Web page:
European jetsetters just got another step closer to getting their cellphone-calling fix while strapped into that airplane seat at cruising altitude. The European Commission has just approved the use of mobile phones in airplanes over European airspace. Following on the UK’s OfCom announcement that in-flight calling is good to go in Great Britain, the executive branch of the European Union has given their blessing to wireless in-flight calls.
The European Commission’s commissioner Viviane Reding warned that while airlines will have the option of providing whatever in-cabin wireless services they want to offer, they had better “keep the cost of calls made on planes at a reasonable level.” That is, unless the carriers want to feel the wrath of the Reding.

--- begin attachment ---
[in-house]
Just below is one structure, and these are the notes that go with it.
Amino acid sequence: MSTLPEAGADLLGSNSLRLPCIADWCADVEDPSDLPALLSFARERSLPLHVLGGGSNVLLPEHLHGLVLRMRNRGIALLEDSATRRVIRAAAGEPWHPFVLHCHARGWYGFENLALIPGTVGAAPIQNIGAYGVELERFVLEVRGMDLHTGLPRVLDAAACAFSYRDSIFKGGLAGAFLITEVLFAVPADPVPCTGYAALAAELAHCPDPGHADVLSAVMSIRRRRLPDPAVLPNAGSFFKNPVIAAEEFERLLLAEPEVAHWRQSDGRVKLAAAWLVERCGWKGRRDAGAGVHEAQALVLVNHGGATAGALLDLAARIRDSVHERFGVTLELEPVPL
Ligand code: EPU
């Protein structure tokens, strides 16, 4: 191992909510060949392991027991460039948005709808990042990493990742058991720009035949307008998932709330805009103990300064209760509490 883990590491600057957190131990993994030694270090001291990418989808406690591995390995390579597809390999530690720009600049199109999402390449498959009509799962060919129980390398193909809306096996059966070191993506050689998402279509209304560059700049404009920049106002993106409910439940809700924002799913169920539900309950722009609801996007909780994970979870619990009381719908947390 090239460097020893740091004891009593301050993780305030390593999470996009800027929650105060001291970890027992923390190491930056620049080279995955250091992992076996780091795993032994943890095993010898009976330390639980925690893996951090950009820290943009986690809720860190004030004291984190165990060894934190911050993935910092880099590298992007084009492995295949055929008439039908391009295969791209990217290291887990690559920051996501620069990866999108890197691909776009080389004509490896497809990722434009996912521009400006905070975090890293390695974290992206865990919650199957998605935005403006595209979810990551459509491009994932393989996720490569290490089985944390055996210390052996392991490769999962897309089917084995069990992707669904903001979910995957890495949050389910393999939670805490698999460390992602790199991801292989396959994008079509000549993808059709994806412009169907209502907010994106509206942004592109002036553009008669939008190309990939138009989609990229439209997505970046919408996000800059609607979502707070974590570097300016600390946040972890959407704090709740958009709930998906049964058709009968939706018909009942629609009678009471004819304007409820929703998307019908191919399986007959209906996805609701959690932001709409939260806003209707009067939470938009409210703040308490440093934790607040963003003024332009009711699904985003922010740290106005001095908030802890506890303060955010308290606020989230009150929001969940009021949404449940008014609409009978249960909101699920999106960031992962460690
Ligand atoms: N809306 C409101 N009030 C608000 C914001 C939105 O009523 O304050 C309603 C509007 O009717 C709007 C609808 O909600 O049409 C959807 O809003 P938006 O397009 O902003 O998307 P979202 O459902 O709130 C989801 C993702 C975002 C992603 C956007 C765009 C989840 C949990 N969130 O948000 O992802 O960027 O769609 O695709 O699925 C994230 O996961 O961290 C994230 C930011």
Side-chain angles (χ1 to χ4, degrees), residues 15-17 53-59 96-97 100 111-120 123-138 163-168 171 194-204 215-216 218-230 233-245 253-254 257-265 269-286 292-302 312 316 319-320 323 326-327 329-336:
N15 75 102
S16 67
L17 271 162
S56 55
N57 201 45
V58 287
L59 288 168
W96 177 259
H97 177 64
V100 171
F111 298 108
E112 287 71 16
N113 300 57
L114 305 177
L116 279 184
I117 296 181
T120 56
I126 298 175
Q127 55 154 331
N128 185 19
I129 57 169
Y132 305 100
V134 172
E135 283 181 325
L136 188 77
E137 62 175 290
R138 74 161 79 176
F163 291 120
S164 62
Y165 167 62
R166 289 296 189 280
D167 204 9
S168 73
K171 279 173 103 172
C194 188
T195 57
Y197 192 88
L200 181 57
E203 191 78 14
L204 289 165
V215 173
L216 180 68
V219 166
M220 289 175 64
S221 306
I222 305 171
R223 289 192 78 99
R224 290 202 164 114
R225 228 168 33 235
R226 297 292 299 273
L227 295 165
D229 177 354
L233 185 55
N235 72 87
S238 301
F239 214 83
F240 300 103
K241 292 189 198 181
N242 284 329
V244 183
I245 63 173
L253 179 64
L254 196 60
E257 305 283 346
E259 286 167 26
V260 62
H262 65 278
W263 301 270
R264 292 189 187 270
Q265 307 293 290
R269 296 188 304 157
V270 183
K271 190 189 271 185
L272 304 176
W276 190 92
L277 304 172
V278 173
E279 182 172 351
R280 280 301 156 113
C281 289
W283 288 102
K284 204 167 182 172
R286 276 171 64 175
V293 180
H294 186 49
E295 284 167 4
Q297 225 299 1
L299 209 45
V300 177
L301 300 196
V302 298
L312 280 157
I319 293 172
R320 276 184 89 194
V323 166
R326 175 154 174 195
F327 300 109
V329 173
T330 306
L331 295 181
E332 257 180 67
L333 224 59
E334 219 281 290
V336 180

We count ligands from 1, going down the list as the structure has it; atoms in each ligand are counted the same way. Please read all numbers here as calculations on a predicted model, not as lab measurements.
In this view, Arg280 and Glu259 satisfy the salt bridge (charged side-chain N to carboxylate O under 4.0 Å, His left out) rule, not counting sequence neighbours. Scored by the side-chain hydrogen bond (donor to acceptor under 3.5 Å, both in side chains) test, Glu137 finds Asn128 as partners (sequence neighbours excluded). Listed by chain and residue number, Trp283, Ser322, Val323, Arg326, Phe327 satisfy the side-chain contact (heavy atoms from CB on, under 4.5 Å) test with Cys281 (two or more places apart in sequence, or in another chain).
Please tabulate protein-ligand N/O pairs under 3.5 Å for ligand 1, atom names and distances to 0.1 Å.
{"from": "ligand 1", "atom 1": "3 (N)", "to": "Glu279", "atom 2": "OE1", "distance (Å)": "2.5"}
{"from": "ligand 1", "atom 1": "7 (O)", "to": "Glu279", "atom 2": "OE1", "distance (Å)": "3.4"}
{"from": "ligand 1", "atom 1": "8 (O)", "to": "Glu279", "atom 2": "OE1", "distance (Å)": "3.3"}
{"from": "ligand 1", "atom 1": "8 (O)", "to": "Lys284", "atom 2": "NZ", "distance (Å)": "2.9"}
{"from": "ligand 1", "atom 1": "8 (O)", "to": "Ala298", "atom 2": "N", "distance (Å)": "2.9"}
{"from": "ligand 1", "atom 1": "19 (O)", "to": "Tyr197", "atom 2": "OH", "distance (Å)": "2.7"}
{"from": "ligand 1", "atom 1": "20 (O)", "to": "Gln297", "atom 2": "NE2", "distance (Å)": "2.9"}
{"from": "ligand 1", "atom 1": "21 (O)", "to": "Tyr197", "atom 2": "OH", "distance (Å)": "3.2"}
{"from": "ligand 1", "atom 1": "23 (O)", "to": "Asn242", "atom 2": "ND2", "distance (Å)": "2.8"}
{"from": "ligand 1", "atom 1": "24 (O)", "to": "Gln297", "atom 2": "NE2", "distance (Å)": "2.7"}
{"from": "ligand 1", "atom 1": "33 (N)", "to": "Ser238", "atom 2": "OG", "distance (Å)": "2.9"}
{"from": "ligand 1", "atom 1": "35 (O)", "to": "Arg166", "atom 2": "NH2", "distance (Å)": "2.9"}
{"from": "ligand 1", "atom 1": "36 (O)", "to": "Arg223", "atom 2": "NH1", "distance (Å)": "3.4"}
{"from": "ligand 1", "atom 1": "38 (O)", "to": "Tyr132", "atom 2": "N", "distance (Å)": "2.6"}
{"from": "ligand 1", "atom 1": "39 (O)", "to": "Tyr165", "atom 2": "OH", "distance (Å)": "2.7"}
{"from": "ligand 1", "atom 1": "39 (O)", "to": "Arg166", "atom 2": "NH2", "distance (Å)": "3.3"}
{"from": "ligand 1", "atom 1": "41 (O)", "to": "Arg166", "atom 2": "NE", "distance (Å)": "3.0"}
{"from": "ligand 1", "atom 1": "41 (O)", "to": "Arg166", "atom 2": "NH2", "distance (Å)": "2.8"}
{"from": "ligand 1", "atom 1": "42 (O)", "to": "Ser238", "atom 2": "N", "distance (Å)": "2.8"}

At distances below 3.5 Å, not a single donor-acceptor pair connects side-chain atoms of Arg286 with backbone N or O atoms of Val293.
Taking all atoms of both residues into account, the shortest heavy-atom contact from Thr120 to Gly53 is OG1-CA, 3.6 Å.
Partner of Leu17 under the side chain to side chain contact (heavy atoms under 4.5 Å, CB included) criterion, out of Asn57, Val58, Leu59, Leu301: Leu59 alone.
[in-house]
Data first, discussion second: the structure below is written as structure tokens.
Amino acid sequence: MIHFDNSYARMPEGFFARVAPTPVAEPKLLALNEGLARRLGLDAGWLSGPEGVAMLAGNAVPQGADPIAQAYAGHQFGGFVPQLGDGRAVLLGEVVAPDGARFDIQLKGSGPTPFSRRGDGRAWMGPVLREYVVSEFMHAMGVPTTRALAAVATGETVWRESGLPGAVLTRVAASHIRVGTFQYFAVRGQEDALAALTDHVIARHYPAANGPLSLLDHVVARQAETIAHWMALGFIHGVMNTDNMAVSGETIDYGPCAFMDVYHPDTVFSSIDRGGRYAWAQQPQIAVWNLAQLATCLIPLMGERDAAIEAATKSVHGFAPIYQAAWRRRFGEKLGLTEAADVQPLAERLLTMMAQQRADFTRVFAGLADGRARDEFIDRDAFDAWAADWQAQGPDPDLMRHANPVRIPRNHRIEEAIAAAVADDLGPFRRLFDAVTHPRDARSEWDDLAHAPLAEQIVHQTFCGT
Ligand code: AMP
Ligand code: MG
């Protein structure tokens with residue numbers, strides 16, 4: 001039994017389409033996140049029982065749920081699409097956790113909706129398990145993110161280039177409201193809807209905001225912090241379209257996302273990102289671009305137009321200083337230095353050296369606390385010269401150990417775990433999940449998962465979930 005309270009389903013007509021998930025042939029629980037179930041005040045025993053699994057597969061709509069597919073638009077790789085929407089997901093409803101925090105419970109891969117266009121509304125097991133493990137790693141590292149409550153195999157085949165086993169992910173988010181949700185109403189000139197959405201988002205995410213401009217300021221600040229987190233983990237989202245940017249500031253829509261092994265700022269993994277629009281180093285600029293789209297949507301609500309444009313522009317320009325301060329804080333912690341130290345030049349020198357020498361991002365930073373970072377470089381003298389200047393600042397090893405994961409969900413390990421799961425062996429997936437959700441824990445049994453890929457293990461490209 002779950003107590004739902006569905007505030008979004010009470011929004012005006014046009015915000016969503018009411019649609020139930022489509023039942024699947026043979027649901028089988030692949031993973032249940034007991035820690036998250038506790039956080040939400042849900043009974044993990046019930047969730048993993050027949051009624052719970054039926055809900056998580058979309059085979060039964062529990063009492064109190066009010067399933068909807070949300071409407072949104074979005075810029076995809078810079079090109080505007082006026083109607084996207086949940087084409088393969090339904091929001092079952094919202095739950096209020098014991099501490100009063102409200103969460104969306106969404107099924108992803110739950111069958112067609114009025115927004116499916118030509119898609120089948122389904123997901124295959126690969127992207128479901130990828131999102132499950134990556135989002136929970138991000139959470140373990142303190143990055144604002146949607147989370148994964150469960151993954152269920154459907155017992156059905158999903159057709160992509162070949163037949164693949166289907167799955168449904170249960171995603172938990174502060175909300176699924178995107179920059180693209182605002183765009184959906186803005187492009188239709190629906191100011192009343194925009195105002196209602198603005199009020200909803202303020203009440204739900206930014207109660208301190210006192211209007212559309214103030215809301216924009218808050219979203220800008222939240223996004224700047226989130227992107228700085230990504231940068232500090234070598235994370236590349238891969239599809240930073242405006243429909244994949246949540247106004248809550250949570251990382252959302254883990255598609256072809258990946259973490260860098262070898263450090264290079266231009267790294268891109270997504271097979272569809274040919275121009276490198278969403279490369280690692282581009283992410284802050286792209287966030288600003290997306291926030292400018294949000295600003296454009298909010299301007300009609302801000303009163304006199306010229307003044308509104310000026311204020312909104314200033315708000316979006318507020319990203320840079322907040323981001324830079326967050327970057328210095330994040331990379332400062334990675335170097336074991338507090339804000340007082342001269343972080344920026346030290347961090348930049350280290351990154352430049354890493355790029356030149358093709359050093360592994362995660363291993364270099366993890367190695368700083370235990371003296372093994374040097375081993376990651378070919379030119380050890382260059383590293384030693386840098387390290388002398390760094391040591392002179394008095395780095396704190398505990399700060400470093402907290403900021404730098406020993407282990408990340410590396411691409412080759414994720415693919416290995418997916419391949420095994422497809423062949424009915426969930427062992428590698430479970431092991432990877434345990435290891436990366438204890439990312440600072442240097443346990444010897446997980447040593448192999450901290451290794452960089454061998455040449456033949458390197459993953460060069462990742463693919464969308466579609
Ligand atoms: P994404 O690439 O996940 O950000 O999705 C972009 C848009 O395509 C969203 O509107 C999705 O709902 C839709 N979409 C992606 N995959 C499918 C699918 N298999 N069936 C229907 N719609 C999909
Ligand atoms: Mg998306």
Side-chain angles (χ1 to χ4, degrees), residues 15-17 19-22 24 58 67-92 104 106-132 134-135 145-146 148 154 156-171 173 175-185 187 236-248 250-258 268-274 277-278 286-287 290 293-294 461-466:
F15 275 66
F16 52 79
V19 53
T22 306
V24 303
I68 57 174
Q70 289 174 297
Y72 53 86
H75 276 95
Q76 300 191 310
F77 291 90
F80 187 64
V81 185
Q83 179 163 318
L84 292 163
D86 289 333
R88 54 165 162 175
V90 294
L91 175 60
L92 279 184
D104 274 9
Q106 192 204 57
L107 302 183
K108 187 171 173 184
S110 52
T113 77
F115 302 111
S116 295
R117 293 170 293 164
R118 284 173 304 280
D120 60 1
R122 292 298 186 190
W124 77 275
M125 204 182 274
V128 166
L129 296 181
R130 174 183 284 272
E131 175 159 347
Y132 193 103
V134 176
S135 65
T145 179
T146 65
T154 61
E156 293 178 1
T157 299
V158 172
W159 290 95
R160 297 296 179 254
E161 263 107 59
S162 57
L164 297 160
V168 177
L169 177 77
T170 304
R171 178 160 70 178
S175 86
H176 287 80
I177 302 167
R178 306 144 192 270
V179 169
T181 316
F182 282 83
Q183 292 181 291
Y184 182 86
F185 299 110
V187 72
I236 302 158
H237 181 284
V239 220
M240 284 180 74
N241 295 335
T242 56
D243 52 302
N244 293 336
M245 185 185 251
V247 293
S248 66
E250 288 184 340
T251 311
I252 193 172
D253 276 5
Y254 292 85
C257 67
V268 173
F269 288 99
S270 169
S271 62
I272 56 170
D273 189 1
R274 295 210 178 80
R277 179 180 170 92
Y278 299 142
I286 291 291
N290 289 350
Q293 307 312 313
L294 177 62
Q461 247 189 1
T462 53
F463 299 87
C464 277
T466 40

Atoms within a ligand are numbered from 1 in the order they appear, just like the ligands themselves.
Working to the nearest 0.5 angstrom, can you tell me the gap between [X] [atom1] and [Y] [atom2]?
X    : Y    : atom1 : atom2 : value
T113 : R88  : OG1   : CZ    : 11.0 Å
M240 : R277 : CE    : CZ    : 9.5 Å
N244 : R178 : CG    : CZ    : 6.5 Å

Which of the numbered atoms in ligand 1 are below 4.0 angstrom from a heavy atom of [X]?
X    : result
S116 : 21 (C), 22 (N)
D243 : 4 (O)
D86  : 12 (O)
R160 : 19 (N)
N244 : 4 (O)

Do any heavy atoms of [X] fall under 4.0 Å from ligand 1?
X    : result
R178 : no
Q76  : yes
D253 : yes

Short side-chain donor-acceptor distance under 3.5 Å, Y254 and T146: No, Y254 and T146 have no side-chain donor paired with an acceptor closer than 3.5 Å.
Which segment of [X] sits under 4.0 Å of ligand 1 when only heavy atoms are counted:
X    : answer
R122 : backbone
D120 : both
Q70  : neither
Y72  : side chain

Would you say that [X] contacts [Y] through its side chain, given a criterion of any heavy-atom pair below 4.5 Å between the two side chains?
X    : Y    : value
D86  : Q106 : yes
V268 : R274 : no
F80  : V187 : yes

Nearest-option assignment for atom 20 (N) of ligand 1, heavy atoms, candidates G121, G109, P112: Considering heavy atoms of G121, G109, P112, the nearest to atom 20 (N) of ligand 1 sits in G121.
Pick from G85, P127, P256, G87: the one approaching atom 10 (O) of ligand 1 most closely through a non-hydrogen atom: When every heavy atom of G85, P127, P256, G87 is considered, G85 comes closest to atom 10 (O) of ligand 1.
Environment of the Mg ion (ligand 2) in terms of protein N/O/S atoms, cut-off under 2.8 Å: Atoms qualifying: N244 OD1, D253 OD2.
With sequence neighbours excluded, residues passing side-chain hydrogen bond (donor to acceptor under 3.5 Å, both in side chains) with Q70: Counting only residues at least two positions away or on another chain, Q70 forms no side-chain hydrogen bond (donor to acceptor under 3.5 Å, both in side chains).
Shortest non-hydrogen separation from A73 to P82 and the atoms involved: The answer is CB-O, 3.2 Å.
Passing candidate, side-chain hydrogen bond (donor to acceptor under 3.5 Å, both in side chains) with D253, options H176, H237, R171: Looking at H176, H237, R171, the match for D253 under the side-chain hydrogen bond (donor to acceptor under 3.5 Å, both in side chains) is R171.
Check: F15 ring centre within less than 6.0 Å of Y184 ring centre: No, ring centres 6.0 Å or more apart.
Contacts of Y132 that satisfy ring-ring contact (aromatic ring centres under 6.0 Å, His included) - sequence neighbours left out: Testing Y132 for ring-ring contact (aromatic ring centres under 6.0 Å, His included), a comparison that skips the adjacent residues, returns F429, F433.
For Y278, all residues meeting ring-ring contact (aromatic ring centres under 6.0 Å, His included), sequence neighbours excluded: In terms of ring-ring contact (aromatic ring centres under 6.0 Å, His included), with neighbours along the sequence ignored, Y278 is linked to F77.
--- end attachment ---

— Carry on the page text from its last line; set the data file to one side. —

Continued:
Of course, the European Aviation Safety Agency (EASA) still needs to green-light the hardware that will allow all these high-flying mobile phone calls before in-flight cellphone calling becomes a commercially-viable reality. But, with OfCom and the EC on board with the idea of chatting up friends and loved ones while high in the sky, the EASA approval seems to be a trivial obstacle.